Prime Minister steps in after Optus World Cup debacle

Rob Forsaith

Outrage over Optus Sport's World Cup streaming issues have gone all the way to the top, with Prime Minister Malcolm Turnbull involving himself in the saga that has frustrated football fans around the country.

SBS onsold broadcast rights for most World Cup games to Optus, with the Australian Financial Review reporting that deal was worth approximately $8 million.

However, technical issues mean a number of subscribers have been unable to watch matches.

Optus chief executive Allen Lew apologised "unreservedly to all Australians" on Sunday, but there were further problems on Sunday night.

FRENCH FARCE: France star's admission that will infuriate Socceroos fans

'DISGRACEFUL': Controversial Swiss tactics earn shock draw with Brazil

Turnbull has become involved in the Optus streaming saga. Pic: Getty

Mr Turnbull has reached out to Mr Lew regarding the network's streaming issues,

"I have spoken with the Optus CEO, Allen Lew. He assures me he is giving the World Cup streaming problems his personal attention and he believes it will be fixed this evening," Mr Turnbull posted on Twitter.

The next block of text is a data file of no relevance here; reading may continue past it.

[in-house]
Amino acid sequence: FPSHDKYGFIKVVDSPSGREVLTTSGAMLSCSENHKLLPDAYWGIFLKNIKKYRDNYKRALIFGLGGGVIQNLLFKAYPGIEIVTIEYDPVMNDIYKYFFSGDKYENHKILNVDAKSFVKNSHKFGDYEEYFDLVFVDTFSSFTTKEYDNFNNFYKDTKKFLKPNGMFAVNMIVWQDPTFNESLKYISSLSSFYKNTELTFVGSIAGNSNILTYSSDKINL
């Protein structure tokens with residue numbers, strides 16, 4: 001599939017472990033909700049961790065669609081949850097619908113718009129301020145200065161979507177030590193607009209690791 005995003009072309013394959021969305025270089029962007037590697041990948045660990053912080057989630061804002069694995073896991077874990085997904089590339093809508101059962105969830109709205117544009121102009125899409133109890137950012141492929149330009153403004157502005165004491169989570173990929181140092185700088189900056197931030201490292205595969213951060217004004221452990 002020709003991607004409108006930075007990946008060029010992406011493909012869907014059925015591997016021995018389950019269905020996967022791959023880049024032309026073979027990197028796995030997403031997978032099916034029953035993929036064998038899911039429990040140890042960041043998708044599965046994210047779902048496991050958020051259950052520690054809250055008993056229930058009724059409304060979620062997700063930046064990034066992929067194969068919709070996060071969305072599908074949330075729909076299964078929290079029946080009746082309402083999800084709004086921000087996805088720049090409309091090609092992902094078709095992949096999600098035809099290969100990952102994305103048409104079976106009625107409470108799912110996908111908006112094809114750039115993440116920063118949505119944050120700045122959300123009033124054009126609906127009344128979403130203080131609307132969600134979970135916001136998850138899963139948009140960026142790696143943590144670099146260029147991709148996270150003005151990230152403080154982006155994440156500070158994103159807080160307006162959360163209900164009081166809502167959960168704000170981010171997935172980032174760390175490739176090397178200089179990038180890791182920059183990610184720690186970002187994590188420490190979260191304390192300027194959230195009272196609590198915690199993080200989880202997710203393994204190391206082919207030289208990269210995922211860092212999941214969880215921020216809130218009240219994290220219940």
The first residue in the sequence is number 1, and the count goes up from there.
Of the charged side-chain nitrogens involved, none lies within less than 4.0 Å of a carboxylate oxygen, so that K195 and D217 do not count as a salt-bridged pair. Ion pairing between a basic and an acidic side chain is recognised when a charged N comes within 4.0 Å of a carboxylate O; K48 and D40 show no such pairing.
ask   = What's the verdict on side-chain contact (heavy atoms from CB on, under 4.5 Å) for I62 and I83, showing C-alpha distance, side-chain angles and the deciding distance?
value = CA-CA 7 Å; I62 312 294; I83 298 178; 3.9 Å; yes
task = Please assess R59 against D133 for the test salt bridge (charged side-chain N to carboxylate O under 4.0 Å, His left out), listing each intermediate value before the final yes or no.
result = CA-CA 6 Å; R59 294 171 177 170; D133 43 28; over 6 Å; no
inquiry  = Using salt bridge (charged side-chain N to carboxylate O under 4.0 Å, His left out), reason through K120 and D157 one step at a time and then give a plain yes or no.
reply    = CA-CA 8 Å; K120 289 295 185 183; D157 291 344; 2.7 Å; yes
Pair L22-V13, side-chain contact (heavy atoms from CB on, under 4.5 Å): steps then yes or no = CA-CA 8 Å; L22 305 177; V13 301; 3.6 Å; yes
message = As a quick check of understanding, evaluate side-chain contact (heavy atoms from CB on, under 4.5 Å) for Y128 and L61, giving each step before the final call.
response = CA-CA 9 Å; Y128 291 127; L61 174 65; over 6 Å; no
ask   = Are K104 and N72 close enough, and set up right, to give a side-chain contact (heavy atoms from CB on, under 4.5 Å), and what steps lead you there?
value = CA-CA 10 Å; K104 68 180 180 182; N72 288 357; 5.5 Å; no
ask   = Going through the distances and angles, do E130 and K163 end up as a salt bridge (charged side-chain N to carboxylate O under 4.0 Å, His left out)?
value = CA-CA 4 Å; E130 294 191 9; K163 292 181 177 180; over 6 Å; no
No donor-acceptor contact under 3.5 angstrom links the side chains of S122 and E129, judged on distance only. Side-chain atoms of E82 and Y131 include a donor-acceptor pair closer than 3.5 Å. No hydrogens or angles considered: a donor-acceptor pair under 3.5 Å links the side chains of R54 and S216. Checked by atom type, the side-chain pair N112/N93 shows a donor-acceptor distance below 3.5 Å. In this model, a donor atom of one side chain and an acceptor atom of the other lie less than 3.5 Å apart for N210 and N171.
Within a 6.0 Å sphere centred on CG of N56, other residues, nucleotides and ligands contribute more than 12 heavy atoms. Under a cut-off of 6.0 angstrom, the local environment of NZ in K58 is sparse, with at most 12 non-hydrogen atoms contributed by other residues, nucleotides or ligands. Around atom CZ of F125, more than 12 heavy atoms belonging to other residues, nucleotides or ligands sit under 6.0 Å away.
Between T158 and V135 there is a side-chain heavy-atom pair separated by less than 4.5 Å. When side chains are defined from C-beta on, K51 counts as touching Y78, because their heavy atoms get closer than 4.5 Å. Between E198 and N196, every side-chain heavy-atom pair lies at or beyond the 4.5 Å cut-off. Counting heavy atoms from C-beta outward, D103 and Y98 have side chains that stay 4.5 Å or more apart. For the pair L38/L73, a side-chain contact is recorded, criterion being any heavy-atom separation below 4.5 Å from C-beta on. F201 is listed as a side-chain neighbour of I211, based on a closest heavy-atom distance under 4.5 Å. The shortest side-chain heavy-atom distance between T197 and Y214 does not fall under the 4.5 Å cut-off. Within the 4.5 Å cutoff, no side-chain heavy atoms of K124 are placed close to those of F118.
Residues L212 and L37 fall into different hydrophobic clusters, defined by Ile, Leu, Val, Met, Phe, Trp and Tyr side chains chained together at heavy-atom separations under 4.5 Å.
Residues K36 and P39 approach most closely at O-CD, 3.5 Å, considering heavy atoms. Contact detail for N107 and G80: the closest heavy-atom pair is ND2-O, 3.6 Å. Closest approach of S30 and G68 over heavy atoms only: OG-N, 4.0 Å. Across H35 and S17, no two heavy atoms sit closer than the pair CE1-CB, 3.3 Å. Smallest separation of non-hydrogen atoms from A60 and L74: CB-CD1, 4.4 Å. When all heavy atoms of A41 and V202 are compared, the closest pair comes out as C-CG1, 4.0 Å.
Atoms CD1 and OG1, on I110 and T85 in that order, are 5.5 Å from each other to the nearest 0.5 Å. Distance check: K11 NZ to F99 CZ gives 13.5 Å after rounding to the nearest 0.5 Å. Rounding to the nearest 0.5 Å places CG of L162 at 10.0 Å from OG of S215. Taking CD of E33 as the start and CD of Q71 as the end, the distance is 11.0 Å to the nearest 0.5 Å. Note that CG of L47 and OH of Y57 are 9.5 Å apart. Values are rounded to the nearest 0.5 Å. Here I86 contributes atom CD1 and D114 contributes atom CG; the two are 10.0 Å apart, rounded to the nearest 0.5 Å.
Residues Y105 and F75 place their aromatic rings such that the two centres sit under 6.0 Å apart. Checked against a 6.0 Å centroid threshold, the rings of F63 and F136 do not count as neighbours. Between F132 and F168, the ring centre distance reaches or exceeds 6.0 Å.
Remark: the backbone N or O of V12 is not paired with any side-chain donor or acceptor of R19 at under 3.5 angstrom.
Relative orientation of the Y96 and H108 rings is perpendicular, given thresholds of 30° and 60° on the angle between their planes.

An Optus spokesperson claimed "the majority of customers are having a good broadcast experience during the World Cup".

"We apologise to those customers affected and reassure them our team is working around the clock to ensure that we are delivering an excellent broadcast service to all Optus Sport viewers," the spokesperson said.

"Given the individual nature of some customer issues, we are working with customers directly to address their concerns."

SBS chief executive Michael Ebeid suggested his network is open to the idea of having a conversation with Optus "about how we can help them further, in terms of putting some of those games on our channels".

"(In the next) 24 hours, I think they'll need to take a good hard look at where they're at in terms of fixing the problem," Mr Ebeid told radio station SEN.

"From the conversations I've had with Optus, they seem very confident it's down to a very small number of users.

"Optus states the number of people affected are less than five per cent of their viewerships."